The Foreign Exchange Committee, which is sponsored by the Federal Reserve Bank of New York, last month issued a working paper that studies the FX market’s performance post-Lehman Brothers collapse. The paper sees opportunities to “further bolster the strength of the over-the-counter FX market”.
The FXC paper follows one released in September by the UK Joint Standing Committee (Profit & Loss, November issue) and reaches the same conclusion – the FX market functioned well during the crisis and people were able to execute their risk, albeit in thinner market conditions.
The FXC highlights the fact that corporations and investors use the foreign exchange market on a daily basis for non-speculative reasons and states, “It is critical for corporations and investors to access a wide range of OTC FX products and to tailor the settlement dates of such products to their business requirements. The flexibility of OTC FX markets and products allows these corporations and investors to manage their risk and their day-to-day business operations, more effectively.”
The paper also highlights some of the functions that served to mitigate risk levels during the crisis, the most obvious being that CLS was available and that following the announcement of the imminent default of Lehman Brothers it “served its stated function”.
The paper adds that over the past two years it has become clear that use of CLS’s services has been “critical to maintaining market integrity and functioning and to preventing further spread of the financial crisis”.
The FXC also observes that a great many FX trades are under one year in term and as such have relatively less credit risk associated with them. It adds that the level of transparency and liquidity in the FX markets also helps risk managers to accurately calculate the open exposures within the FX book and as such they can have greater confidence that the collateral posted can cover outstanding exposures.
The exchange of collateral itself is also a risk mitigant and the FXC argues that credit support annexes (CSAs) provide many of the risk reducing benefits of a central exchange while maintaining the flexibility of an OTC market. It also makes the argument that CSAs are transnational, whereas there could be “practical challenges” associated with a country-specific central counterparty model.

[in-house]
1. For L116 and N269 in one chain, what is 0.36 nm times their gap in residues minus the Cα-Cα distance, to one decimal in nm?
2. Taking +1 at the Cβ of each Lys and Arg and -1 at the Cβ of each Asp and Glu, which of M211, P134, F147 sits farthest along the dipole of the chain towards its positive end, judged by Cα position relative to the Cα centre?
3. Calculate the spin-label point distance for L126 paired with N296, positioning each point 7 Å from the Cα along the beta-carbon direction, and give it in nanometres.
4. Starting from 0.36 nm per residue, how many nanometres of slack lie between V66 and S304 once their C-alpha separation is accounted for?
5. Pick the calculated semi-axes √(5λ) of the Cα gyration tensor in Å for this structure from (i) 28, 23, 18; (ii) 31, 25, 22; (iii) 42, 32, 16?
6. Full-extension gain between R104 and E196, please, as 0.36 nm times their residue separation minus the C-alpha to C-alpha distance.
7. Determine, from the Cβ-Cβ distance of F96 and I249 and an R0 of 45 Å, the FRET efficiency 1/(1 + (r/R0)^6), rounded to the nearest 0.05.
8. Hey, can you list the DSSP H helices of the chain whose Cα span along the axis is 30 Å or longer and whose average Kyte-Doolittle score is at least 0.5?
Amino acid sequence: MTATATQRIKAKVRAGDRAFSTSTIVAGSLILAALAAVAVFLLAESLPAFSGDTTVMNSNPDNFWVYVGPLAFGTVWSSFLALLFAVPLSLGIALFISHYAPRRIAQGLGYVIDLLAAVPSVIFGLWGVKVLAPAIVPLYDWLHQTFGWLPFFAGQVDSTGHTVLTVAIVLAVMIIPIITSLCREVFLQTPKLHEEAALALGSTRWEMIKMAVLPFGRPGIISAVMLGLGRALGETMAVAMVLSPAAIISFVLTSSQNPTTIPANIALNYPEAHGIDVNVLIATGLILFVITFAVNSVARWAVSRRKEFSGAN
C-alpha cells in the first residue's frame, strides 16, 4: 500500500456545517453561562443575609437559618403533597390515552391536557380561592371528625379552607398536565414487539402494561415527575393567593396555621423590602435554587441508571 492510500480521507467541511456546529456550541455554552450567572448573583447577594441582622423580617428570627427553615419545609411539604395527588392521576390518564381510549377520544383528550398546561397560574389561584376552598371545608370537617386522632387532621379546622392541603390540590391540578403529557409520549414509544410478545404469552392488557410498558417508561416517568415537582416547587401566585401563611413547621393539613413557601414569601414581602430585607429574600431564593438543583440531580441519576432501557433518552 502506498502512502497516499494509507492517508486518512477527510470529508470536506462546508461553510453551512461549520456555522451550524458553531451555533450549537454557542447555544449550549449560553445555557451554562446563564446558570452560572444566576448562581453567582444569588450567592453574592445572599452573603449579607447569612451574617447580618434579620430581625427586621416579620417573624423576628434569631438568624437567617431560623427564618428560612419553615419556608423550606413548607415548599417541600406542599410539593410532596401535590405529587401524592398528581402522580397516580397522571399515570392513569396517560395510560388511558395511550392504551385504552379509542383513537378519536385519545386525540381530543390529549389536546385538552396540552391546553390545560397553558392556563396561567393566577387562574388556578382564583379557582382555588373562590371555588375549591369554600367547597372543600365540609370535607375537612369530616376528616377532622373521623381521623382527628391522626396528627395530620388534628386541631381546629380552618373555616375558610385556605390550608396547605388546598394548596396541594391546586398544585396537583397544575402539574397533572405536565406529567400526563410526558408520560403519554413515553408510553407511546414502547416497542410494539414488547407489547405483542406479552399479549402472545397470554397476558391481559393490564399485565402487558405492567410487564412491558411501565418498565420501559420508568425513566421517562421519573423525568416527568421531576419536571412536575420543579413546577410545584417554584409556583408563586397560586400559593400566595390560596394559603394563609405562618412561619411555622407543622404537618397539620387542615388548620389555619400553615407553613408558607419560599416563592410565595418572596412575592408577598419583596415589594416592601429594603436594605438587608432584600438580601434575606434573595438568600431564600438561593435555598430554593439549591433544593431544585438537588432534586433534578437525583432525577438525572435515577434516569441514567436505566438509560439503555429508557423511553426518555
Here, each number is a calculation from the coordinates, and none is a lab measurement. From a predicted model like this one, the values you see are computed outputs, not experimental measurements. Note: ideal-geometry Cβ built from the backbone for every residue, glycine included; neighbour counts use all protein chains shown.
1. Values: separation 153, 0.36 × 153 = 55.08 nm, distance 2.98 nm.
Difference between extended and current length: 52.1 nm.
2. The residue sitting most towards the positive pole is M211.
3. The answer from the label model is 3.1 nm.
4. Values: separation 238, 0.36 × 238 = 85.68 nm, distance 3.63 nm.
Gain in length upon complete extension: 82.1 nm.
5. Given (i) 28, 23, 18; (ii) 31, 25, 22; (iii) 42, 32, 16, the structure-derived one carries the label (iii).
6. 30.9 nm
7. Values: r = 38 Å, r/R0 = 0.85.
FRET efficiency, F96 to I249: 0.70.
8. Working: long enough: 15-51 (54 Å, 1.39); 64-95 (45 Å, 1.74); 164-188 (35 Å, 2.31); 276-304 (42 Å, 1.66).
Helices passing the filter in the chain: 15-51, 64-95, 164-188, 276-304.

The paper reiterates the commitments to improving operational processes made by the major participants to the US authorities over the past four years and that industry best practices are often cited as a benchmarking tool.
Having highlighted the market’s strengths, the FXC, alongside its Buy Side Sub-Committee, goes on to highlight priorities for the industry that can further bolster its operational strength.
These break down into five key areas. Firstly, the extension of CLS into new currencies, geographies and products – the FXC states that all the largest market-makers should be “encouraged” to become direct members of CLS as long as they are eligible to do so, and that any large or significant counterparties that indirectly participate in CLS through a member institution should have a collateralised line in place to cover the exposure.
The committee also calls for the use of CSAs to be expanded to include clients that trade FX as an asset class to ensure their speculative or highly leveraged positions are adequately collateralised. It adds that ongoing efforts to standardise documentation and to improve operational efficiency are critical and must continue to be a priority.
The fourth priority highlighted is actually a message to the authorities. “It is imperative that any efforts to improve the resilience of the marketplace take into account the global and 24-hour nature of the foreign exchange market,” the paper states. “Each foreign exchange transaction involves at least two sovereign currencies. The marketplace itself is spread across a series of liquid trading centres in different time zones and operates 24 hours a day, each business day. Absent such consideration of these key characteristics of the foreign exchange market, the potential for negative unintended consequences of any efforts to improve market resiliency is quite large.”
The FXC reiterates a longstanding policy by stressing that the recommendations in the paper are targeted at the wholesale market and that the retail FX market “requires prudent regulation”.
The release of the paper is the first overt comment on the debate swirling around US circles regarding regulation. The response of the FXC at first glance appears to be subtler than that of the JSC, which made a point of highlighting the downsides of a centrally cleared model for the FX markets. That said, the points raised within this paper do represent a message to the US authorities and hopefully will be taken into account when those in authority come to make their decisions.